Heart of Winter I enjoyed; it gave me my dragon encounter as well as some interesting fights, and it let me see how truly powerful my party had become. Trials of the Luremaster was more a nuisance than anything else, and I'd recommend it only to those who really love Icewind Dale. Even if I were to ever go back to this, I'd skip the Luremaster content. It's just not fun.
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I have a movie review website now: https://moviereviewsbyamook.com/
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BoneSnapDeez
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Re: Games Beaten 2020

by BoneSnapDeez Thu Jun 11, 2020 6:06 pm

1. ACA NeoGeo: Cyber-Lip (Switch eShop)
2. Pengo (Atari 2600)
3. Kirby's Epic Yarn (Wii)
4. Knights of Xentar (PC)
5. Hoshi o Sagashite... (Mark III)
6. Dead Zone (Famicom Disk System)
7. Samurai Sword (Famicom Disk System)
8. High School! Kimengumi (Mark III)
9. Princess Tomato in the Salad Kingdom (NES)
10. Sindbad Mystery (SG-1000)
11. Steins;Gate (Vita)
12. Champion Boxing (SG-1000)
13. Squidlit (Switch eShop)
14. Skyblazer (SNES)
15. Tokyo Dark: Remembrance (Switch eShop)
16. Bubble Bobble (Famicom Disk System)
17. Steins;Gate Elite (Switch)
18. Johnny Turbo's Arcade: Joe and Mac Returns (Switch eShop)
19. Johnny Turbo's Arcade: Express Raider (Switch eShop)
20. Alex Kidd in the Enchanted Castle (Genesis)
21. Sword of Vermilion (Genesis)
22. Steins;Gate: My Darling's Embrace (Switch eShop)
23. Oink! (Atari 2600)
24. Bio Miracle Bokutte Upa (Famicom Disk System)
25. Super Castlevania IV (SNES)
26. Phantasy Star Online (Dreamcast)
27. Chaos;Child (Vita)
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Let's get one thing out of the way. Chaos;Child is not Steins;Gate. It may share the same developer. It may (loosely) be a member of the same series. It may even share the same stupid semicolon. But while Steins;Gate was a taut thriller, an absolute nail-biter of an adventure, Chaos;Child is an abject mess: confusing, seemingly contradictory, comically overlong, and utterly bizarre in terms of both plot and designs. It's also quite good, in spite of itself.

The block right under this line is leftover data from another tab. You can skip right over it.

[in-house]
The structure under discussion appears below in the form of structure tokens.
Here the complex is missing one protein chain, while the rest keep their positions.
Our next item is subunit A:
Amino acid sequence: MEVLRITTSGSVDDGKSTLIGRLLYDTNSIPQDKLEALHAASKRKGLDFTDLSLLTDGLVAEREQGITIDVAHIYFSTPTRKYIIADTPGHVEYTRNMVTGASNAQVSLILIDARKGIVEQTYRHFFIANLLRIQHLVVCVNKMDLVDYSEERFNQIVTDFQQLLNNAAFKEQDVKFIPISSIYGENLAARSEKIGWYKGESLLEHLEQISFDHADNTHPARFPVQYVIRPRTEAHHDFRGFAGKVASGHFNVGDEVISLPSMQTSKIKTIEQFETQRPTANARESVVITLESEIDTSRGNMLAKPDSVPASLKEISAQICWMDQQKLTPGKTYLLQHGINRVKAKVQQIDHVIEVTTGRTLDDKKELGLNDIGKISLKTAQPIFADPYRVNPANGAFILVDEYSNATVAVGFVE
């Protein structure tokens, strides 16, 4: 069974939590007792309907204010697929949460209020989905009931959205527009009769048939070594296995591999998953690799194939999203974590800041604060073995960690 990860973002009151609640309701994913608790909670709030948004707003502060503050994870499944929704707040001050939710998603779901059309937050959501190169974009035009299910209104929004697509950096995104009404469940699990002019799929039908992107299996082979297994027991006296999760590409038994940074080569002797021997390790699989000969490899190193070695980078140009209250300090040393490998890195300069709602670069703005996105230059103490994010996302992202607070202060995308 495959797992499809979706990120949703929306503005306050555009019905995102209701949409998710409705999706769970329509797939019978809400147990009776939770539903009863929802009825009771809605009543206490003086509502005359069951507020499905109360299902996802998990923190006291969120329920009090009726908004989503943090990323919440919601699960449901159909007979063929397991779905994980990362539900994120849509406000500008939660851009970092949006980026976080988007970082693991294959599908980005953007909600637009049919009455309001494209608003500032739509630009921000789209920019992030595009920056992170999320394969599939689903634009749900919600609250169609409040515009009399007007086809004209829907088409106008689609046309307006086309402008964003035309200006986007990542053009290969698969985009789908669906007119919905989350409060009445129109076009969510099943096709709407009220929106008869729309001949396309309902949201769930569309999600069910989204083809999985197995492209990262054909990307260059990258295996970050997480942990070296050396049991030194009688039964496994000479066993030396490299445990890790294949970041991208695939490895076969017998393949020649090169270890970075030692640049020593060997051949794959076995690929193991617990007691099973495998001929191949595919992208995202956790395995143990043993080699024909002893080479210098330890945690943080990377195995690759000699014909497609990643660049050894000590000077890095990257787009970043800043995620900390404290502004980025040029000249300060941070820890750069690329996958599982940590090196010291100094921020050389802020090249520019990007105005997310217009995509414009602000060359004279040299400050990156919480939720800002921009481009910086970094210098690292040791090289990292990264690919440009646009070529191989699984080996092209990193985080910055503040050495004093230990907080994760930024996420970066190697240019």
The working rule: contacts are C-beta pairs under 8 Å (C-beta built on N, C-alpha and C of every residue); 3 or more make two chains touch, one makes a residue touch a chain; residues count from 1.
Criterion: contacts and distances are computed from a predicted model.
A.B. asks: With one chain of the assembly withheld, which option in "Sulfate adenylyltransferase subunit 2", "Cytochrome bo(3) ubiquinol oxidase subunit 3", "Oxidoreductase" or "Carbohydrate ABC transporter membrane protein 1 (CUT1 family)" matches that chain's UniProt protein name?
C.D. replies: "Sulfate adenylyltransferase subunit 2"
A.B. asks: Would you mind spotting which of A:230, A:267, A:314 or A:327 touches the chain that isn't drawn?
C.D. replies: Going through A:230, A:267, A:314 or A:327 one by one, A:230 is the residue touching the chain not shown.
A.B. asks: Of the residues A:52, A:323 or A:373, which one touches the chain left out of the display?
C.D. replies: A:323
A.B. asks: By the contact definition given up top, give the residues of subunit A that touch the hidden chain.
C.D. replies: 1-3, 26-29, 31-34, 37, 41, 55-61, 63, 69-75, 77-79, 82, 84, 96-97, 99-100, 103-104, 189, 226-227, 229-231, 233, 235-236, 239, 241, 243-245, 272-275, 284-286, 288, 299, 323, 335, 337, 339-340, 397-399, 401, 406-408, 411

Chaos;Child was originally released in 2014 on the Xbox One, of all places, as part of the Science Adventure series. It was subsequently (heavily) ported, with some releases hitting the West (this particular Vita version arrived in 2017). While the game contains some cutesy passing references to Steins;Gate, Chaos;Child is more importantly a continuation of the story told by Chaos;Head, the first Science Adventure title. This presents a small conundrum because, as of this writing, Chaos;Head has not been officially localized or released outside of Japan. That said, Chaos;Child contains an entirely new cast of characters. And while the writing does acknowledge the events of Chaos;Head, Chaos;Child manages to work as a standalone experience.

This visual novel blends two genres that all VN fanatics have become accustomed to: mystery and horror. Set in 2015 in Shibuya, Tokyo, Japan, a series of inexplicable murders are occurring, the bodies all staged in disturbingly elaborate fashions. The murders appear to be emulating, and even share dates with, another string of killings committed six years prior, which occurred around the same time an earthquake leveled Shibuya and left a generation of young people destitute and alienated. The "new" murders -- soon dubbed the "Return of the New Generation Madness" -- are accompanied by groups of grotesque two-faced "Sumo Stickers" left on-scene. Detectives are on the case, naturally, though the game's protagonist is one Takuru Miyashiro, head of his school's newspaper club and one of many "Chaos Children" whose lives were upended by the aforementioned 2009 earthquake.